By Kacie Williams
SAN FRANCISCO, CA – At a Hall of Justice courthouse protest last month, the San Francisco Public Defender’s Office and community members, with Board of Supervisors members Hillary Ronan and Dean Preston, held a mock trial to protest against San Francisco Superior Court’s failure to recognize speedy trial rights.
Family members of victims, who are having their rights violated through trial delays and indefinite pre-trial detention, came to speak on behalf of their loved ones.
Through this mock trial, participants hoped to highlight the alarming amount of criminal trial backlog that has accumulated throughout the pandemic.
The PD’s Office also filed habeas petitions to challenge the harsh conditions of confinement in county jails on behalf of a dozen of more than 150 individuals who are being forced to remain in jail beyond their statutory trial deadlines.
Motions were also filed to attempt to dismiss several cases that are beyond their deadlines.
While the court claims it is fully reopened, there are still 550 cases that are delayed past their trial deadlines, charges the SFPD’s Office, and forty percent of the courtrooms in the Hall of Justice remain empty.
“San Francisco shamefully stands alone in violating constitutional speedy trial rights. Other counties all over the state have opened their courtrooms and available spaces to ensure residents, whose freedom is at stake, are given their day in court,” said Mano Raju, San Francisco Public Defender.
Raju charged there is no excuse for the courts to fail its residents so badly and exacerbate the humanitarian crisis taking place within the jails.
If all of the extra days that clients have been held in jail were added up, it would total 15,333 days or 42 years, the PD’s Office said.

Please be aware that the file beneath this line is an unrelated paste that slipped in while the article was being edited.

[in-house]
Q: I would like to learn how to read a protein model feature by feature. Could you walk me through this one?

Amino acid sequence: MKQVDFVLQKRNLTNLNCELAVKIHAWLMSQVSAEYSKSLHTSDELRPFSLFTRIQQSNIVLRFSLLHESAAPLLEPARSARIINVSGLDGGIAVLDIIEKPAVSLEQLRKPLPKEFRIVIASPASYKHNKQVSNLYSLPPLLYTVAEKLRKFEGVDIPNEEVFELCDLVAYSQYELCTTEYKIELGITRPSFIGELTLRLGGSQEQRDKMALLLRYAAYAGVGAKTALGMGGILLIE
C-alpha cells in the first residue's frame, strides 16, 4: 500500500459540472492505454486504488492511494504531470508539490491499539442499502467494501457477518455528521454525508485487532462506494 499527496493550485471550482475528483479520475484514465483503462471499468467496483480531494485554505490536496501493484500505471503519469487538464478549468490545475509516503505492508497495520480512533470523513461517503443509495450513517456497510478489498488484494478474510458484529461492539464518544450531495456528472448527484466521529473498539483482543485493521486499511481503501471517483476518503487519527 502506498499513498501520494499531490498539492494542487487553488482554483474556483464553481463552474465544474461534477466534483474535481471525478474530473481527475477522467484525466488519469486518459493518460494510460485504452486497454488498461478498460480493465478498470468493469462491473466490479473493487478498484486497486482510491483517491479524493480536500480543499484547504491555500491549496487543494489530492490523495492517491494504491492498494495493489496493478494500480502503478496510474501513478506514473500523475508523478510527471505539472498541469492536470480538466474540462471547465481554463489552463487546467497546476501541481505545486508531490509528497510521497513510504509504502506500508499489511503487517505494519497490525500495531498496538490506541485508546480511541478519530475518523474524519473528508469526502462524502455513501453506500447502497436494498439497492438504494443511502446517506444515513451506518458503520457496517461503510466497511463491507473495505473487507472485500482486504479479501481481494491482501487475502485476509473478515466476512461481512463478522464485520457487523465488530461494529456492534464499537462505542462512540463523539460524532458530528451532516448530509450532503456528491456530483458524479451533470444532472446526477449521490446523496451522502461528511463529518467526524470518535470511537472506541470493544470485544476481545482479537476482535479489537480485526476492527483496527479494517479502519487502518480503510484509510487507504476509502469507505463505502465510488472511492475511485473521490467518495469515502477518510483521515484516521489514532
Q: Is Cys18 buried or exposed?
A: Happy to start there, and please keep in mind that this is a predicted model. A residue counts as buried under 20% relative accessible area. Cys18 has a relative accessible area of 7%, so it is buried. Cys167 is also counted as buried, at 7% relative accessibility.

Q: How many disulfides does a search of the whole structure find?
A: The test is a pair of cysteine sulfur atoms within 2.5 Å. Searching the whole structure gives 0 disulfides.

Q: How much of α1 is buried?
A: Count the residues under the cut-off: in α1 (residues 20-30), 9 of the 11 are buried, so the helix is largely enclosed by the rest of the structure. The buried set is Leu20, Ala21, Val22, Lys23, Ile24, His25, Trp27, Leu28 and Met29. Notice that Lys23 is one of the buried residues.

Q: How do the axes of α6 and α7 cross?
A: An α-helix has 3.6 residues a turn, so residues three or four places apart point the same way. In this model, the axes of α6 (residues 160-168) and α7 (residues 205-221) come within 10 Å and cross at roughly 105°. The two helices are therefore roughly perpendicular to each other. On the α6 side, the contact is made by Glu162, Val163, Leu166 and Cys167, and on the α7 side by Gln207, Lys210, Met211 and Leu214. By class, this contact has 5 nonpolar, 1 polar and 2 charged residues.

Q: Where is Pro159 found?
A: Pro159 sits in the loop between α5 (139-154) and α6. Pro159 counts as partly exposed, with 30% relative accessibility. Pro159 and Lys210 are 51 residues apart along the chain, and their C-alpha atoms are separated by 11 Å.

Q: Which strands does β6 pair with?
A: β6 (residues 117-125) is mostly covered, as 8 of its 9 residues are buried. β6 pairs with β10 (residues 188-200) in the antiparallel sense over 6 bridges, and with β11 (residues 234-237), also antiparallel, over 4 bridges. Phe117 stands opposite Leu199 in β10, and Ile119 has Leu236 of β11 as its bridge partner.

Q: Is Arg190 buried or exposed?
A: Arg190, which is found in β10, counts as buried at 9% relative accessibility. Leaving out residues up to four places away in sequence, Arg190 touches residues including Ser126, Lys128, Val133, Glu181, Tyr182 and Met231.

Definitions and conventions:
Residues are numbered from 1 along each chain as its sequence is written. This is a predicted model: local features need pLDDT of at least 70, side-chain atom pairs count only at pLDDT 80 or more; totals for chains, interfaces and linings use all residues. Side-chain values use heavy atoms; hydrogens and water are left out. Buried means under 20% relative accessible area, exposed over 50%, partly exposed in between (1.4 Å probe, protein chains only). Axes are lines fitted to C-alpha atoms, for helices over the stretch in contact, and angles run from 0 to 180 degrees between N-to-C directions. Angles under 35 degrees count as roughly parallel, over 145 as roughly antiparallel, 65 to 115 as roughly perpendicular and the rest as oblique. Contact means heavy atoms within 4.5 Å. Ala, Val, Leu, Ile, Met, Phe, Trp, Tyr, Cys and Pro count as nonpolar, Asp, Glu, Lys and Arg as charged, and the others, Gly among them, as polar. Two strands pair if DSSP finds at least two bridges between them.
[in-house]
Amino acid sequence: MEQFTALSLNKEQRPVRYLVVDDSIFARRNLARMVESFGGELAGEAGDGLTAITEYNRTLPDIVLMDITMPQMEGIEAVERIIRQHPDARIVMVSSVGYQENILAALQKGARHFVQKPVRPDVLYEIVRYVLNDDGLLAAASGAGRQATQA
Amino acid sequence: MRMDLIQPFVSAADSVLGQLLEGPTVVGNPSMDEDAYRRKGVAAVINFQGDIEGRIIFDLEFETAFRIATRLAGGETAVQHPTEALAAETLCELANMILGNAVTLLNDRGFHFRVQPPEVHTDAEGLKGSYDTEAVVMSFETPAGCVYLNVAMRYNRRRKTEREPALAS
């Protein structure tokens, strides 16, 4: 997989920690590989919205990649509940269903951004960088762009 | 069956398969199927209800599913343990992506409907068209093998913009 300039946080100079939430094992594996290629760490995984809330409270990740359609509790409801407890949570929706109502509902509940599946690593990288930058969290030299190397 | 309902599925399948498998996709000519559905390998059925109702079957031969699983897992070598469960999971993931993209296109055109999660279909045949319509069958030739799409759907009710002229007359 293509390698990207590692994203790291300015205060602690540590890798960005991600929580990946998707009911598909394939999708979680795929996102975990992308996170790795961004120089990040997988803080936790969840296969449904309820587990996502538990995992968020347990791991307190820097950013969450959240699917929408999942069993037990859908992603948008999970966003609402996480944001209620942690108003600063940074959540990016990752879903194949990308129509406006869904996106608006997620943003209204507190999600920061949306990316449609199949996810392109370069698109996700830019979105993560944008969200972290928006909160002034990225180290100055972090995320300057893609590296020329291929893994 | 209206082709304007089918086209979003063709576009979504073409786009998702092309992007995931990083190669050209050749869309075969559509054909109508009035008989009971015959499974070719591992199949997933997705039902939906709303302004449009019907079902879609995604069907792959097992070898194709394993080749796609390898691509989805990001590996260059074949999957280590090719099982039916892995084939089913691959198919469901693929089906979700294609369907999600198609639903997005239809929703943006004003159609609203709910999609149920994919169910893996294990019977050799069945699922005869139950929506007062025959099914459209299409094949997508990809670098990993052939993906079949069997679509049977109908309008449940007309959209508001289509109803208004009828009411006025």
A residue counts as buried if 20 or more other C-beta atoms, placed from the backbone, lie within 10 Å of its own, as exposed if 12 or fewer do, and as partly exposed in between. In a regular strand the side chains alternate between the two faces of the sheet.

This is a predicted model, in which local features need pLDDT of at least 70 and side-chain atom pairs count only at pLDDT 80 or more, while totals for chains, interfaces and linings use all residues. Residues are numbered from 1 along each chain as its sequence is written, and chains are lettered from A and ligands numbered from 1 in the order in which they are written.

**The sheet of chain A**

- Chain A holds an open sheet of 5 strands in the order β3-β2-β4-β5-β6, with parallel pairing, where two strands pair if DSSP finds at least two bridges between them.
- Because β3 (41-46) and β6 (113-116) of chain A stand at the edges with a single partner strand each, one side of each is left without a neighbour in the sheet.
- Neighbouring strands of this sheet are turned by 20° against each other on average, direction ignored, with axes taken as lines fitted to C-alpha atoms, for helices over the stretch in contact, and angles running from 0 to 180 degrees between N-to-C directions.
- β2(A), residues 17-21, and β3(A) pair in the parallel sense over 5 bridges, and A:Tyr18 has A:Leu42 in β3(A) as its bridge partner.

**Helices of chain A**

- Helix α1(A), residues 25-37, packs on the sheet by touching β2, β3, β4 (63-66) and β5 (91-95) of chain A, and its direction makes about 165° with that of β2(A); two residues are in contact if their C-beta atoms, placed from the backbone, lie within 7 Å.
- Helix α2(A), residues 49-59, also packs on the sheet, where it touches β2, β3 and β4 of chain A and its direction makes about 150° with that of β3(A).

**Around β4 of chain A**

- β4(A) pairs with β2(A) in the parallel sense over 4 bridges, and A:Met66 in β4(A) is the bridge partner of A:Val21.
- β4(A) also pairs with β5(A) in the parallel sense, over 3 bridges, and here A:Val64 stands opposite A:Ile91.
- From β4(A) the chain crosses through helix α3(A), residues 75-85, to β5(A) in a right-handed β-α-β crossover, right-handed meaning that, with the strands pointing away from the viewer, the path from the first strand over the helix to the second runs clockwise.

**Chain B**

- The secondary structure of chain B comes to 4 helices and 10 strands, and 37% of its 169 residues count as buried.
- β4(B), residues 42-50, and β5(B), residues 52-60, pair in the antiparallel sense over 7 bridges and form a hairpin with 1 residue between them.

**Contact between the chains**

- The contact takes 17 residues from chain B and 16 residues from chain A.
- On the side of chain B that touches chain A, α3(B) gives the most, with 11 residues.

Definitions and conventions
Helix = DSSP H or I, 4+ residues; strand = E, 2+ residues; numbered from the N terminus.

And, the public defenders add, many of the people who are held in custody in SF county jails are being subjected to 23-hour-a-day lockdowns, no sunlight exposure and no in-person family visitation.
The SFPD hopes its habeas petition will free people who have been detained pretrial under these harsh conditions.
Many community members who have been impacted by these delays from the courts spoke at the rally to bring light to the harsh conditions their loved ones have been subjected to inside.
Stephen Kloster was a public defender client who spent 410 days in jail while his 87-year-old mother was at home. He was her main caretaker. He was eventually acquitted of all of his felony charges, said his lawyer.
Kloster was also an immuno-compromised person who was worried that he would die in jail due to sickness. He said, “It feels like the court isn’t taking its responsibility to hold trials seriously, and they’re playing games with our lives.”
Stephanie Irving spoke about her 60-year-old partner, another public defender client. He had been in jail for five months where he did catch COVID.
Irving said, “When he called me and he was coughing so much, I had to hang up the phone because it was too painful…” His trial deadline passed in August but there is still no definitive trial date.
And Robert Brewer, another public defender client, spoke to his being in jail for 288 days; all during COVID. After waiting nine months to go to trial, which lasted about a week, the jury only took 90 minutes to deliberate and unanimously decide that he was not guilty.
The SFPD’s Office notes that the Sixth Amendment of the U.S. Constitution guarantees the right to a speedy trial. San Francisco’s Superior Court has been using the pandemic as an excuse to delay trials.
The PD added that, although California state law requires that criminal trials are prioritized, San Francisco continues to hold civil trials while criminal courtrooms remain empty.
Other counties such as Alameda, Contra Costa, San Mateo, and Marin have made the necessary accommodations to cut their trial backlog, claims the SFPD’s Office, noting there are 550 cases beyond their deadline, and hundreds more to follow.
“The community has spoken, and we call on the San Francisco Superior Court to act with urgency, to follow its legal and ethical obligations to set and hold trials in all available venues, and to stop detaining people indefinitely while their lives, health, and families suffer,” said Raju.